When my son (now in his 20s) was tiny, he had gone to see a film with his best friend’s family. I never did get to learn the name of the movie, but it had a scene in it, which, described by a 4 year old, consisted of a cupboard with a door. You walked into the cupboard and you entered another world. “A magic world,” hissed the little fellow, eyes sparkling at the memory. I jollied him along as all mothers do, but the picture in my mind’s eye never faded, improbable as it was. After all, where do you find cupboards through which you can escape to a fantasy world, full of spires and castles and kings and queens and magic?
And then I went to Prague. If you imagine an aircraft to be a latter day cupboard, you’ve more or less relived the film. Prague is, indeed, a completely magical place with a winding river, with quaint bridges, each with its own character, a hillside crammed with monasteries brewing beer, churches (the popular Infant Jesus of Prague is in one of them), castles, pubs, museums, vast open squares, street cafes and restaurants. It was the restaurants that represented the major part of the magic for me, and here’s why.
Czech food is no way as rich or as varied as Indian food. It does not have the depth or the sheer range. But what they have done to their cuisine leaves us many miles behind. For one, all down Wenceslas Square are a succession of restaurants serving “authentic Czech cuisine”. Every last one has character: fading plush on the sofas, grand mirrors, imposing historical prints on the walls and a menu that typically lists the Czech triumvirate: meat, sauce, dumplings. Taste one morsel and you can discern the bucolic antecedents of the food, though with great ingredients and careful cooking, rusticity gives way to a more timeless character, neither rural nor urban. So you can expect veal knuckle, pork shoulder and beef goulash among other things. The meat is usually roasted, the sauce is creamy and flavoured with stock. It is the dumplings, though, that make the dish. Known collectively as knedliky, one variety that quickly became my favourite was the one made with squares of bread. There were other variations with flour, with egg, without egg.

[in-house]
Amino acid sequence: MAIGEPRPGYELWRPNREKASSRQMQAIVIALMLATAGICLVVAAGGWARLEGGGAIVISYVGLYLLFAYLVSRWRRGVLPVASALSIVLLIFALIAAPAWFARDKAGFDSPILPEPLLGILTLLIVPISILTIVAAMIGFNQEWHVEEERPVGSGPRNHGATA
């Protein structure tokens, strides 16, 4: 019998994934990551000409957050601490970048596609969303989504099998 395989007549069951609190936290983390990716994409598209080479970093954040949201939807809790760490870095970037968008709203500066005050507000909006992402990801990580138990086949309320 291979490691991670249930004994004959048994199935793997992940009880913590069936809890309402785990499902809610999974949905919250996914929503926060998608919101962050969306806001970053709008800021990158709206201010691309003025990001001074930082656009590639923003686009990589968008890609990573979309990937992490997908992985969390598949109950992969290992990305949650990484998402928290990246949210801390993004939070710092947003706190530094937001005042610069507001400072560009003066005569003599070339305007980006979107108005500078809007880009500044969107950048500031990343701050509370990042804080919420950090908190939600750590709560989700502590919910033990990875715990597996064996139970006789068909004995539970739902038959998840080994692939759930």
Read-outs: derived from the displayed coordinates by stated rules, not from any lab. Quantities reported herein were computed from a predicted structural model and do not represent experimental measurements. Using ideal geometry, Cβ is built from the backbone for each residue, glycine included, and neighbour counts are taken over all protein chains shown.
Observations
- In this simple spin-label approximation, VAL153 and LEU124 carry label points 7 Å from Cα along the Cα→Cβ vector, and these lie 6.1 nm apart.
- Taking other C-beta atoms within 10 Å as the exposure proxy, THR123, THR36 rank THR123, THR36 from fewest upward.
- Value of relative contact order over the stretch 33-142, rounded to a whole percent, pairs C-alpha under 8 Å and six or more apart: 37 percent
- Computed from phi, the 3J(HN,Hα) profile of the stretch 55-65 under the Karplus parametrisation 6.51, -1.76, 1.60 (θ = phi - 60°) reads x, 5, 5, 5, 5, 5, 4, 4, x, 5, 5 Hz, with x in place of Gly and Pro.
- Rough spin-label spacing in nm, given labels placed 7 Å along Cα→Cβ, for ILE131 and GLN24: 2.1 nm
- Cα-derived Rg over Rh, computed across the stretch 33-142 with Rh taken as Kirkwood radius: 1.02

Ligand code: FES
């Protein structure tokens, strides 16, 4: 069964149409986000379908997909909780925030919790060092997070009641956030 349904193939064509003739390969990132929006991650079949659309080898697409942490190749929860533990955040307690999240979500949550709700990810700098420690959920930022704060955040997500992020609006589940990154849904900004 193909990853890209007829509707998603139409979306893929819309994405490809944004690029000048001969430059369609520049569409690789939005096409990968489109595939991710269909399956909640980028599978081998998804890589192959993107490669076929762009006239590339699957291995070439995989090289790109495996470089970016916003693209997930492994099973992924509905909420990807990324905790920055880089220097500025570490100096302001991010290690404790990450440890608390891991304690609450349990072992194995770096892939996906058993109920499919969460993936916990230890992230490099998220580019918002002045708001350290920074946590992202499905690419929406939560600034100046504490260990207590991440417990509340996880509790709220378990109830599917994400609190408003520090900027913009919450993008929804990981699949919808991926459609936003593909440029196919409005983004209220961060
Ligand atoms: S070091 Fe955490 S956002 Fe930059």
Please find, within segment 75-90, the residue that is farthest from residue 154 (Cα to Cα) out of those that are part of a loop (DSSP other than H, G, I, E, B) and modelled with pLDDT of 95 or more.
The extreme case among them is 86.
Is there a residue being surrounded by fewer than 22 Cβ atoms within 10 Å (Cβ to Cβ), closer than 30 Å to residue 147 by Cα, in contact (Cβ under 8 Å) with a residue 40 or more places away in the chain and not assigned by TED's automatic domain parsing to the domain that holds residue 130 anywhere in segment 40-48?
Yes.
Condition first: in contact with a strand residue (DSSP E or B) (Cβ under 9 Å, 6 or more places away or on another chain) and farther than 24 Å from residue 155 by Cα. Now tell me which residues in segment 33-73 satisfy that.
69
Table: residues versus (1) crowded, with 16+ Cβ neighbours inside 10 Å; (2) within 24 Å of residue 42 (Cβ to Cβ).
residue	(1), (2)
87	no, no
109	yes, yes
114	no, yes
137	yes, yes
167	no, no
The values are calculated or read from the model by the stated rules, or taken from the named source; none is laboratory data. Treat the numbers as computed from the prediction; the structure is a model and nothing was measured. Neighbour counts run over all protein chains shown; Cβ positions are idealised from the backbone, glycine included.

One of the glories of being in the picture-perfect town is the plethora of open air cafes. Five minutes away from Wenceslas Square in the Old Town Square, virtually every building has a café with seats in the warm sunshine. Beer is the beverage of choice Pilsner and Budweis are, after all, names of towns in the Czech Republic, but the region of Moravia is surprisingly good for wine. And what goes best with beer is cold cuts, so the huge array of hams and salamis that are the unsung heroes of the country is welcome. What I liked best about my week in Prague is the unselfconsciousness of it all. No, the lady at the bar counter didn’t know what part of the country the ham came from. Did I like it? Great. That was all that counted then.
It was rather like the handicraft store that had branches all over the city: Manufactura. Coffee mugs, straw dolls and trendy table-ware shared shelf space with handmade soap. All of it was hand-crafted; all of it was rooted in the land. It was just that alchemy transformed the pottery into country cottage chic and the soaps into great gifts for friends: charming, stylish and quintessentially Czech all at once. Rather like the cuisine.